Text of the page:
Even then, though, it would have been worthwhile for Beinart to pay more attention than he seems to have paid to the wars we sponsored in Central America, which were neither easy nor beneficial to the people who lived in the countries where our proxies fought. Thinking about the plight of a farmer who is forced at gunpoint to serve as a guide by one side and then shot as a collaborator by another when all he ever wanted was to work his fields in peace, or of villages burned to the ground after their inhabitants had been massacred, would have been a useful corrective to the idea that wars are easy and painless.

Noting that war is, in fact, hell, and that when it seems easy, that's generally due to some combination of very hard work, massive military superiority, and sheer blind luck, is an easy lesson to draw -- and, frankly, the fact that Beinart had to learn it the hard way, after an error of this magnitude, is as good an example as any I can think of of why I think there's something badly wrong with the writers of editorials and columns in the mainstream media. But there's another, deeper problem, which I will approach in a somewhat roundabout way.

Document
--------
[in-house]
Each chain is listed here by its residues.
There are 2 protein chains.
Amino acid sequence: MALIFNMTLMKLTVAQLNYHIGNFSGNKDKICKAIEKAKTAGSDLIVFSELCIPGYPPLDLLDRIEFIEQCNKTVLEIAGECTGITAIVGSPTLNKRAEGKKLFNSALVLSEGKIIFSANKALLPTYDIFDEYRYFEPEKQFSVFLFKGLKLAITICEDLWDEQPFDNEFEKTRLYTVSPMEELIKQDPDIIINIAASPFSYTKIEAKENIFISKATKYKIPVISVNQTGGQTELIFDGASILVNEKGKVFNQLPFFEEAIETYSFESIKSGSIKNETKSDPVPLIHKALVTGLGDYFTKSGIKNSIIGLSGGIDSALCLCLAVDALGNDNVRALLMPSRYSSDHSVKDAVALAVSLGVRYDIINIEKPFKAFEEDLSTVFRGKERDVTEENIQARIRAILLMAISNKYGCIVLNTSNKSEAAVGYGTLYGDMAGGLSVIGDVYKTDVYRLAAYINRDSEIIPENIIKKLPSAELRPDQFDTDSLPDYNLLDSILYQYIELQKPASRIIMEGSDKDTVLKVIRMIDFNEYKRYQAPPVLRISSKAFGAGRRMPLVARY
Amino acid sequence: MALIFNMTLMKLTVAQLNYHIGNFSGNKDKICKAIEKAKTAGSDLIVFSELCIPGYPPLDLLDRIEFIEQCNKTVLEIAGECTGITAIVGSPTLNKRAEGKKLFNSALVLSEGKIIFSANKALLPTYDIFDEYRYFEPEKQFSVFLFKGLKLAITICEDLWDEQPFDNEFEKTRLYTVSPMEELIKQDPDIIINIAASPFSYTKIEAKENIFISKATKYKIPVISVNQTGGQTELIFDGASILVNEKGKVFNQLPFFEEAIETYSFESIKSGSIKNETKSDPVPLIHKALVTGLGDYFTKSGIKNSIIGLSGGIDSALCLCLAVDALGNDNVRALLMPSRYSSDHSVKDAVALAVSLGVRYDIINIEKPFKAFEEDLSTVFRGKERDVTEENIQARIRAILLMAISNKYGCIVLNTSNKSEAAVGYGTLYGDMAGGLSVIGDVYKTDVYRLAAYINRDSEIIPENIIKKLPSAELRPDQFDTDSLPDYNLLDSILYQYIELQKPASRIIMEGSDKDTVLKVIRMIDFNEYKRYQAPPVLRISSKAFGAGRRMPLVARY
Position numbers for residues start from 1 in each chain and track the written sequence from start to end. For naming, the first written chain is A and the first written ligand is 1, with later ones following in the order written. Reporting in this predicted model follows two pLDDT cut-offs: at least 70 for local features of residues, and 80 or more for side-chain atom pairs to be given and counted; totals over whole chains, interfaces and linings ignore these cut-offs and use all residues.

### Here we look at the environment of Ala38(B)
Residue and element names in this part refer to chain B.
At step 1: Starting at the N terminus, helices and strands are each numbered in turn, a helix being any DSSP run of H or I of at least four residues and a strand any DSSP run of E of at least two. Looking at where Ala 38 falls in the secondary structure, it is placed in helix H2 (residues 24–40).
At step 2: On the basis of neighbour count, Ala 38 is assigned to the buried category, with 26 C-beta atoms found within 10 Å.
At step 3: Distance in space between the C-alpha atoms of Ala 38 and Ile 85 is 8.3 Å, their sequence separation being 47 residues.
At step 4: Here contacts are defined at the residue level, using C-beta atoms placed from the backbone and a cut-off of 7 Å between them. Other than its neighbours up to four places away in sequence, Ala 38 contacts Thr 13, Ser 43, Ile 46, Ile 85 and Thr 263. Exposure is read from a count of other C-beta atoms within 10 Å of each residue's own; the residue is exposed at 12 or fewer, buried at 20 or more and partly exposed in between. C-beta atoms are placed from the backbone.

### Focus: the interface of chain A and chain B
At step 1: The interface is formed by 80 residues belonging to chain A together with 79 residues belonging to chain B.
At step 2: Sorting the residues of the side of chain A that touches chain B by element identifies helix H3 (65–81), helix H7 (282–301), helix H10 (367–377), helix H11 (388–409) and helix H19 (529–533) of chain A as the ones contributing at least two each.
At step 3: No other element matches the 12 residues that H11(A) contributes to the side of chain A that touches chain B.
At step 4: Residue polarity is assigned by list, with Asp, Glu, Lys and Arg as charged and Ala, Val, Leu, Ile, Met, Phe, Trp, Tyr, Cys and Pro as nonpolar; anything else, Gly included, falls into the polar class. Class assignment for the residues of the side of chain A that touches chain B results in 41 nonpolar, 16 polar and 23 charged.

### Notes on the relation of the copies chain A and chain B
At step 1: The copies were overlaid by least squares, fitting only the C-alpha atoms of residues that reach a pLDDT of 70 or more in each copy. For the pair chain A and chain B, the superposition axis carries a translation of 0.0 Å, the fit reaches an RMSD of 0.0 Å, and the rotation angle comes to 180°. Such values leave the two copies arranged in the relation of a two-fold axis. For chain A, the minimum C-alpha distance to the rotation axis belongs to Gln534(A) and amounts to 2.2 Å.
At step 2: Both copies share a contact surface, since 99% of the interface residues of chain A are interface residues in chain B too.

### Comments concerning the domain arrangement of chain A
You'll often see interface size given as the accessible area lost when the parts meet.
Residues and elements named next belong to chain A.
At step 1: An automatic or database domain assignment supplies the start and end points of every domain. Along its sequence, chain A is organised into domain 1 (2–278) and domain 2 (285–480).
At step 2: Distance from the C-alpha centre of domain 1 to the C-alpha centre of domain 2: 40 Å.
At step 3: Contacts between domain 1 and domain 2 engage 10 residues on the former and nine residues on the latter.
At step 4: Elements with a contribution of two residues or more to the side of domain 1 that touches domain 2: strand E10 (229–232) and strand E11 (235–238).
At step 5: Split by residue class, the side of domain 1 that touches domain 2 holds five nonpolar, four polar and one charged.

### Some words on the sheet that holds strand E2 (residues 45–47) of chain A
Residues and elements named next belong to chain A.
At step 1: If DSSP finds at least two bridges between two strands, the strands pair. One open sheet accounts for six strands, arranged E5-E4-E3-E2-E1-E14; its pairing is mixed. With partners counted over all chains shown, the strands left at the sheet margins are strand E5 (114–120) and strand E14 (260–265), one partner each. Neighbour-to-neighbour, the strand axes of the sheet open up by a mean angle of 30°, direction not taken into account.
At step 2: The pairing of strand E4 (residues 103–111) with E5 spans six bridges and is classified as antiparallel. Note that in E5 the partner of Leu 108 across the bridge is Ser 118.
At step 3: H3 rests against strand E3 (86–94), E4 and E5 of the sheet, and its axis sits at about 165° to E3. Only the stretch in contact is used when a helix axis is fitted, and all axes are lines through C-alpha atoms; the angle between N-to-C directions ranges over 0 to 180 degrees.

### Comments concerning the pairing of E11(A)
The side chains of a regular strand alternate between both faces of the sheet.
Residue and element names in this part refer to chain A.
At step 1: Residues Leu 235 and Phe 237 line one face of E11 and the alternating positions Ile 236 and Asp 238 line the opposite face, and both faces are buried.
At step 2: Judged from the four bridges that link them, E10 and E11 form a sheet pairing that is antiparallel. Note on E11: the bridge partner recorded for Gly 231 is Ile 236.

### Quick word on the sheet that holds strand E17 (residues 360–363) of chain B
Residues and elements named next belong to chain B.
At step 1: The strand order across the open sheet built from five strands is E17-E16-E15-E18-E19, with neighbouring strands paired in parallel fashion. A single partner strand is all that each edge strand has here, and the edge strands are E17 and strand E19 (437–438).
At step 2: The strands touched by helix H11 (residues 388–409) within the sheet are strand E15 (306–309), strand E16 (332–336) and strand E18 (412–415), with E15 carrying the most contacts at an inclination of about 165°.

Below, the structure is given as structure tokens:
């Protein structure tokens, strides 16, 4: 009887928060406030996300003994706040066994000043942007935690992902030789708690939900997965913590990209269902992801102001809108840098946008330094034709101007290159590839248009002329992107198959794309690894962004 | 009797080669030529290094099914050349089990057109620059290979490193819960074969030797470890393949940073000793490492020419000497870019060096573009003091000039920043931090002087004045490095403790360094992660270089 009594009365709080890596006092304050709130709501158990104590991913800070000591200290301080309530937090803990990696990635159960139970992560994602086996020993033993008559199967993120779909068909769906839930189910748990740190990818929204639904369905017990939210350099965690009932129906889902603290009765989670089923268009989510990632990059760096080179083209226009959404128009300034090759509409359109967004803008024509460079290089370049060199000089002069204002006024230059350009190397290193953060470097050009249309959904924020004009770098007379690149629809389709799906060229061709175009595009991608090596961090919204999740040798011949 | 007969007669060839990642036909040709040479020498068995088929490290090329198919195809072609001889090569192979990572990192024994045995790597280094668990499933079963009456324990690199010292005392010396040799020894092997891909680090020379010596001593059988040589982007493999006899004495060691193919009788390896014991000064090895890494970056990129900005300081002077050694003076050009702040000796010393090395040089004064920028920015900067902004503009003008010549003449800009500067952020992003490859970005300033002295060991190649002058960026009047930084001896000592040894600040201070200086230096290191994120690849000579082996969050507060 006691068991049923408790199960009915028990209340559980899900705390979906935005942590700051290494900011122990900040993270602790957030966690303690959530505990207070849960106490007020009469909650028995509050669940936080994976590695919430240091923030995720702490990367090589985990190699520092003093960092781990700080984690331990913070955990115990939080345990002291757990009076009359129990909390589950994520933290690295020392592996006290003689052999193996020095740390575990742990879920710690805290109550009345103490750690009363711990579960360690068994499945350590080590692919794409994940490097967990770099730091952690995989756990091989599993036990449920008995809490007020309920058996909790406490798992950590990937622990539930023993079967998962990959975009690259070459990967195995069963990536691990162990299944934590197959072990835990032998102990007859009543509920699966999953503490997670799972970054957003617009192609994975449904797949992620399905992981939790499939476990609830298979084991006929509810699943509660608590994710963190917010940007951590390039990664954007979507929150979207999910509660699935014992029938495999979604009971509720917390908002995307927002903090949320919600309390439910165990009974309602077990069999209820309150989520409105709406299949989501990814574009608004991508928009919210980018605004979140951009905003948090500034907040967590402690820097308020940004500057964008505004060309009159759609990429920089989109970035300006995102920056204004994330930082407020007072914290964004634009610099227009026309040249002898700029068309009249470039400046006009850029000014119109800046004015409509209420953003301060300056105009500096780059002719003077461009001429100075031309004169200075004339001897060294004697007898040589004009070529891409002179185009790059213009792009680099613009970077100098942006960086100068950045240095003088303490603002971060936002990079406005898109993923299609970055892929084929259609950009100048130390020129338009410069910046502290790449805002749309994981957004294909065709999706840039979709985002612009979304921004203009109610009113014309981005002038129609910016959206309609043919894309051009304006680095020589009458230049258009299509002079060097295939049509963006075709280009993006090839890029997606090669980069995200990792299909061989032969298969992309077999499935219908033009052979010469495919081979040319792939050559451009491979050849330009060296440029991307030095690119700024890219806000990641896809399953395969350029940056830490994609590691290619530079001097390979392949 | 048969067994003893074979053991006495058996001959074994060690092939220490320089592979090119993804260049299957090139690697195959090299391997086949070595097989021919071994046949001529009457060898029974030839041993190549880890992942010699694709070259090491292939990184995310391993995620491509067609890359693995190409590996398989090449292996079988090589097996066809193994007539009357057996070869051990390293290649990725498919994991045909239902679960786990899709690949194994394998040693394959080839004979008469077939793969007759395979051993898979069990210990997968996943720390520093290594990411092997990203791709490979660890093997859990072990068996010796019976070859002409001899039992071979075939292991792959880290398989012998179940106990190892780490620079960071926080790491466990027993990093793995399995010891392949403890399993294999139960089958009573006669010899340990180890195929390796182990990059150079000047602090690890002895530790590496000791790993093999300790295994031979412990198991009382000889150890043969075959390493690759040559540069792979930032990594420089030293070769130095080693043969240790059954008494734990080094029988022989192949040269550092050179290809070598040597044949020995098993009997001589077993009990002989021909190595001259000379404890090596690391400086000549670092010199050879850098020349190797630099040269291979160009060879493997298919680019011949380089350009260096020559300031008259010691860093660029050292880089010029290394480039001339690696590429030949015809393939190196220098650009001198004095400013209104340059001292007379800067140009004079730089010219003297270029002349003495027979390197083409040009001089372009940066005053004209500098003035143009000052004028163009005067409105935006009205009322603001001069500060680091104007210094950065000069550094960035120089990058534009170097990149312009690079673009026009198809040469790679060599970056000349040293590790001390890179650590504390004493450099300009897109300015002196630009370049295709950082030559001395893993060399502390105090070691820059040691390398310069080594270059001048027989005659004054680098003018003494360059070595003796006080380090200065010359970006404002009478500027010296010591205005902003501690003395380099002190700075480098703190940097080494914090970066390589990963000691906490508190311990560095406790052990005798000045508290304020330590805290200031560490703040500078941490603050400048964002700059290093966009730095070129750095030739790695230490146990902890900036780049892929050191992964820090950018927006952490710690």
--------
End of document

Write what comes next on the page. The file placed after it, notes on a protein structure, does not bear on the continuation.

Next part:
Back in 1983, I sat in on a conference on women and social change. There were fascinating people from all over the world, women who had been doing extraordinary things in their own countries, and who had gathered together to talk it through; and I got to be a fly on the wall.

During this conference, there was a recurring disagreement about the role of violence in fighting deeply unjust regimes. On one side were the women from India, who argued against the use of violence, generally on Gandhian grounds. On the other were many of the women who lived under deeply unjust regimes; I recall, in particular, the South Africans arguing that however laudable nonviolence might be, their situation was sufficiently desperate that they could not afford the luxury of waiting for nonviolence to work.

It seemed to me that at the heart of this disagreement was this one fact: that the women from India were from a country that had already achieved independence, and were living with the problems that came afterwards, whereas the women from South Africa were trying to achieve that self-government in the first place. The South Africans seemed to think that the women from India had forgotten what it was like to be subjugated:

We need to win our freedom as quickly as possible, they seemed to say. We realize that it would be preferable to win that freedom in the best possible way. If we could win it just as quickly through non-violent means, we would surely do so. But you would not ask us to wait if you really understood what it is like to live in slavery.